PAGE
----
No. There has never been a third major party in the United States for reasons of very simple math.
Todays two partiesuh, the Republicans and Democratsare really extensions of original early 19th Century politics. The Republicans are basically the Whigs (with some additional coalitions), who came out of the National Republican Party, who split from the Democratic-Republican Party, who came from the Federalist party that went back to 1791.
The Democrats were a reaction to the start of the Federalist party, and took the name Democratic-Republicans. When the Federalists folded, the more bigger-government Andrew Jackson reformed the Democratic-Republicans under his wingcausing the more right-wing members to form the National Republicans. Got it?
The point is that there has always been a left-wing/right-wing component to American politics. Todays parties are just continually evolving variants of previous parties.
Meanwhile, third parties have never succeeded. And while some third parties get more votes than others, they have always done so at the expense of a second party. A lot of bad American history has resulted from third parties: Wilson got in thanks to a third party siphoning off votes from the Republicans; Perot did the same thing to the Republicans that gave us the ongoing Clinton power dynasty. Were still paying for both of those. Democrats suffered too: had Ralph Nader not run in 2000 as a third party, Al Gore probably would have won the presidency. Carter had a snowballs chance of winning in 1980, but John Andersons vampire-like sucking of Democratic voters certainly set Carter back a bit more.
One of the PBS quote sources has it exactly right: third parties are all the talk of political science when people are unhappy with Congress.
Let us not fool ourselves. The GOP is significantly more unified than the media believes, even though there are some very interesting and serious and even useful differences between Tea Party reformers and more moderate Republican old guards. While Ted Cruz and Mitch McConnell might not agree on tactics or strategy, at least they understand the benefits of lower taxes and business deregulation.
And the Democrats are also quite stressed as well. While the public likes to pretend that Democrats are all outraged progressive liberals, the reality is quite different. The Obama camp does not particularly care for the Clinton camp, and vice-versa. Many blue dogs hate their owners, and a lot of red-state Democrats are playing very delicate politics. The Democrats are just as dividedand divisiveas their Republican comrades, and probably more so.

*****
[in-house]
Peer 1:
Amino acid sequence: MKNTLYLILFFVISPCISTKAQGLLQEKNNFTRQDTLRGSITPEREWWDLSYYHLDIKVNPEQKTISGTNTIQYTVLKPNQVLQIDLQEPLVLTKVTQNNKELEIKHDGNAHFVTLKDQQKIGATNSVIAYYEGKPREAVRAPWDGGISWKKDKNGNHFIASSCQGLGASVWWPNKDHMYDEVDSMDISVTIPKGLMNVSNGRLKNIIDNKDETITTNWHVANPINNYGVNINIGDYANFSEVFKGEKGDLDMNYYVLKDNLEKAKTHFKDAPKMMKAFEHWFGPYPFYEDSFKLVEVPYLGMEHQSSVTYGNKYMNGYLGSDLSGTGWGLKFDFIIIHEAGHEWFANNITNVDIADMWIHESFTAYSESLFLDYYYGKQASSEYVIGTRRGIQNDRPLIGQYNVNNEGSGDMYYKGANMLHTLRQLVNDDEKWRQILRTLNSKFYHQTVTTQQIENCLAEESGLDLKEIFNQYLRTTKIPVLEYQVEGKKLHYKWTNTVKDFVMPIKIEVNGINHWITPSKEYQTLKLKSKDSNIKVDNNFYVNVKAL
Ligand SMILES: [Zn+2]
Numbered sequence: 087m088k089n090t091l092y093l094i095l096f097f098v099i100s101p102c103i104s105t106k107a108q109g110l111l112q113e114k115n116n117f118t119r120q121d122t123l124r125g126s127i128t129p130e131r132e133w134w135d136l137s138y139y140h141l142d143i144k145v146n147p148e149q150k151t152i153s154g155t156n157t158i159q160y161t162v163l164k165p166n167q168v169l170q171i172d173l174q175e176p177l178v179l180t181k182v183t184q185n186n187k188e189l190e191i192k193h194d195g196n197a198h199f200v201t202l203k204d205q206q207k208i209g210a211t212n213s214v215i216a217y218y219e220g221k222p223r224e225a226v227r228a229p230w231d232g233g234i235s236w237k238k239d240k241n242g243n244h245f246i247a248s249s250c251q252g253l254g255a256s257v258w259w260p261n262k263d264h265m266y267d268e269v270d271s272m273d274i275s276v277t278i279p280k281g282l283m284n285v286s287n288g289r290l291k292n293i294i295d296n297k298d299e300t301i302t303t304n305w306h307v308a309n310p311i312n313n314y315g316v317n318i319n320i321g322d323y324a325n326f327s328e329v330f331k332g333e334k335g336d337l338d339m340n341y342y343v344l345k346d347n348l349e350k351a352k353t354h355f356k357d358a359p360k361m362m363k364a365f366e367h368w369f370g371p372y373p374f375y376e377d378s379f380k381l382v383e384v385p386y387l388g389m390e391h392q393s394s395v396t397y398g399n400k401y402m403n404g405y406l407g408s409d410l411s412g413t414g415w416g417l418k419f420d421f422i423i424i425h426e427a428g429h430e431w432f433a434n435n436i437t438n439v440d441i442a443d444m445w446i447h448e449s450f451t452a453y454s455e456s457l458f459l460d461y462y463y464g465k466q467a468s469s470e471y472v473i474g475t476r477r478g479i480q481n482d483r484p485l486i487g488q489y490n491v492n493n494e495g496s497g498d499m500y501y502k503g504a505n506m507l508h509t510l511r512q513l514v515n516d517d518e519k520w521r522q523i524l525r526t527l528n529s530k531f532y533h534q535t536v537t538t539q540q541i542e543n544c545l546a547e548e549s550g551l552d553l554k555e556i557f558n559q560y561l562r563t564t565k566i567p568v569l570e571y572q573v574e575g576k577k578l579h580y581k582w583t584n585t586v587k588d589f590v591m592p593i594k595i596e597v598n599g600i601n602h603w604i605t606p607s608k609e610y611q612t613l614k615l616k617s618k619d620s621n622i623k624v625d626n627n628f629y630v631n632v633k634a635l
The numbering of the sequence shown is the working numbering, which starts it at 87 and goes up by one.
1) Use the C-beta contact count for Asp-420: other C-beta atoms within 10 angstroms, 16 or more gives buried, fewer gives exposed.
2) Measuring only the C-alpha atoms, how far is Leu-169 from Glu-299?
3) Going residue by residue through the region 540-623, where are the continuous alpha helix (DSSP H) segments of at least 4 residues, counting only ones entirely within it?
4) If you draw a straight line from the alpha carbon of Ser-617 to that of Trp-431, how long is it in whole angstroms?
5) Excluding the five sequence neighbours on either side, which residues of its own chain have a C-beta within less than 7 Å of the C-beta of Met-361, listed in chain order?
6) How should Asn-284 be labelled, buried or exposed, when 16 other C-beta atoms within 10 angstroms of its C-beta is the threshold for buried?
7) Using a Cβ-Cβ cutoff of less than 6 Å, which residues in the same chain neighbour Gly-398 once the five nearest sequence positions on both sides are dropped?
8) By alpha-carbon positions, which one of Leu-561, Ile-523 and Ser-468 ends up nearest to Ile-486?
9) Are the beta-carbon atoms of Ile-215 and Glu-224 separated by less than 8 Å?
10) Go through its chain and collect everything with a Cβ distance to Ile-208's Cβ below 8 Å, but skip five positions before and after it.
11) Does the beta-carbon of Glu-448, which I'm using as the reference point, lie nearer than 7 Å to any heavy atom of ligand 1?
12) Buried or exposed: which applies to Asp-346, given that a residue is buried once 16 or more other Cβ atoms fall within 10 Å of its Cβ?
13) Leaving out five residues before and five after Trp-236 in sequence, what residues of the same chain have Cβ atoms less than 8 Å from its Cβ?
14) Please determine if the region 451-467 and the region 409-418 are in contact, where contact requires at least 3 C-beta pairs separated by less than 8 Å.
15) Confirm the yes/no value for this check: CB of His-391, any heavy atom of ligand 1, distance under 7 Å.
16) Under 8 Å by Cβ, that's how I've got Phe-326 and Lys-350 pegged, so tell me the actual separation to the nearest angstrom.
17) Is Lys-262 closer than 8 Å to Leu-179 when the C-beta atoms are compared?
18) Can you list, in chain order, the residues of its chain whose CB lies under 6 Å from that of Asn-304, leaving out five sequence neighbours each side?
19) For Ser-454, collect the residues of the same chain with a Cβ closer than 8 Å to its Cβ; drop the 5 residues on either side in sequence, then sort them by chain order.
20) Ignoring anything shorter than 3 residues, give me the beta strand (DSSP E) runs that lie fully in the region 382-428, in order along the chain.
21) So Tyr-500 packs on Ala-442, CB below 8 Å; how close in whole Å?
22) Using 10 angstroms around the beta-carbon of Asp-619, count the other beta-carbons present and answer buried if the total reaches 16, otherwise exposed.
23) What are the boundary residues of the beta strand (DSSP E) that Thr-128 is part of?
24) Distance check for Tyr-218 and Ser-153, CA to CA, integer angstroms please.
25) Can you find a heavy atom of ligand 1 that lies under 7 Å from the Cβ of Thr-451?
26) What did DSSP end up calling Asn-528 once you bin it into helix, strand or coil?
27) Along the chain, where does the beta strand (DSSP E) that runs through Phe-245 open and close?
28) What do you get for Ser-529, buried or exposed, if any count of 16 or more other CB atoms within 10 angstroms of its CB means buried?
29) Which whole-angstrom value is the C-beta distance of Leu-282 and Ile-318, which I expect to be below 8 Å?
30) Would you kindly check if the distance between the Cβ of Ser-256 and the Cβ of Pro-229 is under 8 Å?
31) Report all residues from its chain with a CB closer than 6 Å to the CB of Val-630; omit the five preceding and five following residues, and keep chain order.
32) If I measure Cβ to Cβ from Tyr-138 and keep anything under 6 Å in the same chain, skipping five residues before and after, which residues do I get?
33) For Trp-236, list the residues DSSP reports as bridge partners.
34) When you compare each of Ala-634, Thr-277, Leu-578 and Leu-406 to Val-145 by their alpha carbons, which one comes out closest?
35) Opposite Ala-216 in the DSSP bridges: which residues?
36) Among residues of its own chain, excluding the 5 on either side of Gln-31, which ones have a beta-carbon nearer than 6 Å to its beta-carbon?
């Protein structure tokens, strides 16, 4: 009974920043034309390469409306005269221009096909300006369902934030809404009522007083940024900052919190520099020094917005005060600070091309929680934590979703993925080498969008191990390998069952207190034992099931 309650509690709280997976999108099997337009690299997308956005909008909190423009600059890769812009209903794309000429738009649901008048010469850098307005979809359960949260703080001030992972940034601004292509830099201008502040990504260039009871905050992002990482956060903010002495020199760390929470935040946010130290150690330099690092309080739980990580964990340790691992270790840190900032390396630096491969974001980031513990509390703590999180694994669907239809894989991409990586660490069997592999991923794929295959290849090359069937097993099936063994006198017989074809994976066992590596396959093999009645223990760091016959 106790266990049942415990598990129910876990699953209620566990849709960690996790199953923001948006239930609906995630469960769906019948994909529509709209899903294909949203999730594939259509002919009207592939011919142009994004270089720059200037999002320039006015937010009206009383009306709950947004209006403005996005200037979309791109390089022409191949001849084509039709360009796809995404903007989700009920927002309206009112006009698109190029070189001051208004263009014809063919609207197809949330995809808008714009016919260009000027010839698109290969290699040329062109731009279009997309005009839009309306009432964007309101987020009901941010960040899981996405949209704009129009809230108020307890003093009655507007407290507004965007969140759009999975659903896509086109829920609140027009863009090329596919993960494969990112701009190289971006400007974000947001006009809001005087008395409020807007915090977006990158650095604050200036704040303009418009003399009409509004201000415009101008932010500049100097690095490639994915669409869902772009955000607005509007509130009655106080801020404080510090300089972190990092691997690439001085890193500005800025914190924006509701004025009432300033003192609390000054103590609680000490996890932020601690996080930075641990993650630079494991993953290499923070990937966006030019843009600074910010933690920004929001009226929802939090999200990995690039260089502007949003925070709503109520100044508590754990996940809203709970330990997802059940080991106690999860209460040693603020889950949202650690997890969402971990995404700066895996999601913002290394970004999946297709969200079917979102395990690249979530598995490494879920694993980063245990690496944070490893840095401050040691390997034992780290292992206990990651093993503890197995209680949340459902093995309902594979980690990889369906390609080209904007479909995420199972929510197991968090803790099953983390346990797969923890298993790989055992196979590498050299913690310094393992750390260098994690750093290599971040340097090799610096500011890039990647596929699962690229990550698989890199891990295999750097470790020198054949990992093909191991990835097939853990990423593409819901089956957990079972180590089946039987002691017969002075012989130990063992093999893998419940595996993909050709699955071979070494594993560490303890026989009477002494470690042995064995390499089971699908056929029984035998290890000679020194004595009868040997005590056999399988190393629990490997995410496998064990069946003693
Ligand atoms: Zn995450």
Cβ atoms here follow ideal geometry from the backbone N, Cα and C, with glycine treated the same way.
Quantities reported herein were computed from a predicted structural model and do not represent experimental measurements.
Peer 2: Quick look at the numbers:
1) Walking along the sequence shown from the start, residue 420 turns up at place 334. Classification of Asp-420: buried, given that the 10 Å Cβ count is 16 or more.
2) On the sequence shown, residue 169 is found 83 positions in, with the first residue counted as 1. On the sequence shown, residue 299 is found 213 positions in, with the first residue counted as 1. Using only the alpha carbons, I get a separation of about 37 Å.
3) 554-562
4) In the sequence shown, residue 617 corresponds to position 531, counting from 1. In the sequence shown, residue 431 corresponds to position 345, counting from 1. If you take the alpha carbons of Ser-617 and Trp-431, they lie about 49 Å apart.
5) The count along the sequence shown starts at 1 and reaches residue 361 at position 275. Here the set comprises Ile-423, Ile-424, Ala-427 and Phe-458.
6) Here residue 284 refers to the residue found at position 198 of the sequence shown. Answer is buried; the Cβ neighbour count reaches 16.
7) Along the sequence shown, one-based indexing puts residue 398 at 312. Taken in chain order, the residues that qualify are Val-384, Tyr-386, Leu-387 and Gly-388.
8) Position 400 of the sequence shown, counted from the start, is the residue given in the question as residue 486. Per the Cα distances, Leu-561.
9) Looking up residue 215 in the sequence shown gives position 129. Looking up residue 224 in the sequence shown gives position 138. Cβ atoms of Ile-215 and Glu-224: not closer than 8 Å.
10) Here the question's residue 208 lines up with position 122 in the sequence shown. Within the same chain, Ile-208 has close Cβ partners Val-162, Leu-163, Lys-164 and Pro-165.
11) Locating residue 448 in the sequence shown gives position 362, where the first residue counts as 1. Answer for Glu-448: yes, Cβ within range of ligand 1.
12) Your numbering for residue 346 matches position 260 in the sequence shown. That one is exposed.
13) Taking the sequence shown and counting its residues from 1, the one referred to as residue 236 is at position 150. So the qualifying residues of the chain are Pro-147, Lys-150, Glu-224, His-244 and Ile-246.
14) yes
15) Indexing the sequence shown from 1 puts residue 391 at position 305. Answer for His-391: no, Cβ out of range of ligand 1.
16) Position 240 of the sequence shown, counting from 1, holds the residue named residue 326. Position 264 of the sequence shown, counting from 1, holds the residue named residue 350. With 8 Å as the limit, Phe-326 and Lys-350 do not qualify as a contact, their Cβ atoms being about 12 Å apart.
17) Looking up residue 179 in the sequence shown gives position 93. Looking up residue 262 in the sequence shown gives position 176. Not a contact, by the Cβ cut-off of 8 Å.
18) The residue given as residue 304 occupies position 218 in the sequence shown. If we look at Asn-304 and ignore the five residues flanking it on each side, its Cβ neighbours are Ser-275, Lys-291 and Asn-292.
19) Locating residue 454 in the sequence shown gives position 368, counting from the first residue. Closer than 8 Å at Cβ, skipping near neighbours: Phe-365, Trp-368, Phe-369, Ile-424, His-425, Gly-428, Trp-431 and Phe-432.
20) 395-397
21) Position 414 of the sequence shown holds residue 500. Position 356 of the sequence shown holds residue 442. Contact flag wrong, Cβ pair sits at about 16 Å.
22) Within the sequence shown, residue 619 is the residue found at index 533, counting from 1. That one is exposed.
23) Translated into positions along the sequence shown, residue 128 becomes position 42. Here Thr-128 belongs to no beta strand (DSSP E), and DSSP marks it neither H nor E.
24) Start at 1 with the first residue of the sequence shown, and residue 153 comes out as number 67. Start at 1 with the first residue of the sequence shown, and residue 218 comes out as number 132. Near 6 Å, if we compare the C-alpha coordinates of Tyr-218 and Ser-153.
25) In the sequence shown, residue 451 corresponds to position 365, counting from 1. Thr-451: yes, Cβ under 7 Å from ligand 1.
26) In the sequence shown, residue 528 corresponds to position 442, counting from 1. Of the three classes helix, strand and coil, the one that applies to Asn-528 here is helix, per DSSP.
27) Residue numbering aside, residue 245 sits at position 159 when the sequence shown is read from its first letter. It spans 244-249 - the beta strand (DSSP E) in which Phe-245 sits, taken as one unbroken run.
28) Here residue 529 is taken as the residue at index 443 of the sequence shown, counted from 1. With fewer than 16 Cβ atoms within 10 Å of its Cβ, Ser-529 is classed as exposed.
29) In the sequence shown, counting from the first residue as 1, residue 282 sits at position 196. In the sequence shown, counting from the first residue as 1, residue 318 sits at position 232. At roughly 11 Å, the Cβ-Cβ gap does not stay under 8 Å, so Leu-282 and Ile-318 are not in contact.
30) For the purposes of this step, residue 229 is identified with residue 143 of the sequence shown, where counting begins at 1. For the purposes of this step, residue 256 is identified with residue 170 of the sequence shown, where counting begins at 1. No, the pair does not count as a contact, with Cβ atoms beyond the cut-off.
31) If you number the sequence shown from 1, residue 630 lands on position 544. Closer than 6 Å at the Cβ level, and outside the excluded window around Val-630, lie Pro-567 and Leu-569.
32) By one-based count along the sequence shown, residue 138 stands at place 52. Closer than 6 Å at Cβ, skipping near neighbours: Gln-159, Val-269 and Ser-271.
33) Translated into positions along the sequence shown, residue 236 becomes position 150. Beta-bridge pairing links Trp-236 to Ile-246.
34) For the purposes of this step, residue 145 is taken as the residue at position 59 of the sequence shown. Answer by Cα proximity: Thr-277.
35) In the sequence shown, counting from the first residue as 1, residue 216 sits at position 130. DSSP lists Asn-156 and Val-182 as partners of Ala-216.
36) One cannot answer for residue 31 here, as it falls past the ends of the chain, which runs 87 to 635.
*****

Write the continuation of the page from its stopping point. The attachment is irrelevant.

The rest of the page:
If Mitt Romney had won in 2012 as he should have, it is likely the Democrats would be talking third parties as they did during the Bush years. But its all a farce. In fact, you should be very skeptical if not outright suspicious of third party discussions: when Republicans are mulling over a third party, it might just be because Democrats are seeding the discussion in fear of a strengthening GOP. When Democrats talk of third parties, it might just be because the Republicans are hoping to identify and isolate Far Left wingnuts and want to see who steps up.
The day in which a third party candidate wins a major election will probably never happen. And if you think gridlock is a problem with two parties, wait until parliamentary-style governance hits with three.
Божію Поспѣшествующею Милостію Мы, Дима Грозный Императоръ и Самодержецъ Всероссiйскiй, цѣсарь Московскiй. The Czar was born in the steppes of Russia in 1267, and was cheated out of total control of all Russia upon the death of Boris Mikhailovich, who replaced Alexander Yaroslav Nevsky in 1263. However, in 1283, our Czar was passed over due to a clerical error and the rule of all Russia went to his second cousin Daniil (Даниил Александрович), whom Czar still resents. As a half-hearted apology, the Czar was awarded control over Muscovy, inconveniently located 5,000 miles away just outside Chicago. He now spends his time seething about this and writing about other stuff that bothers him.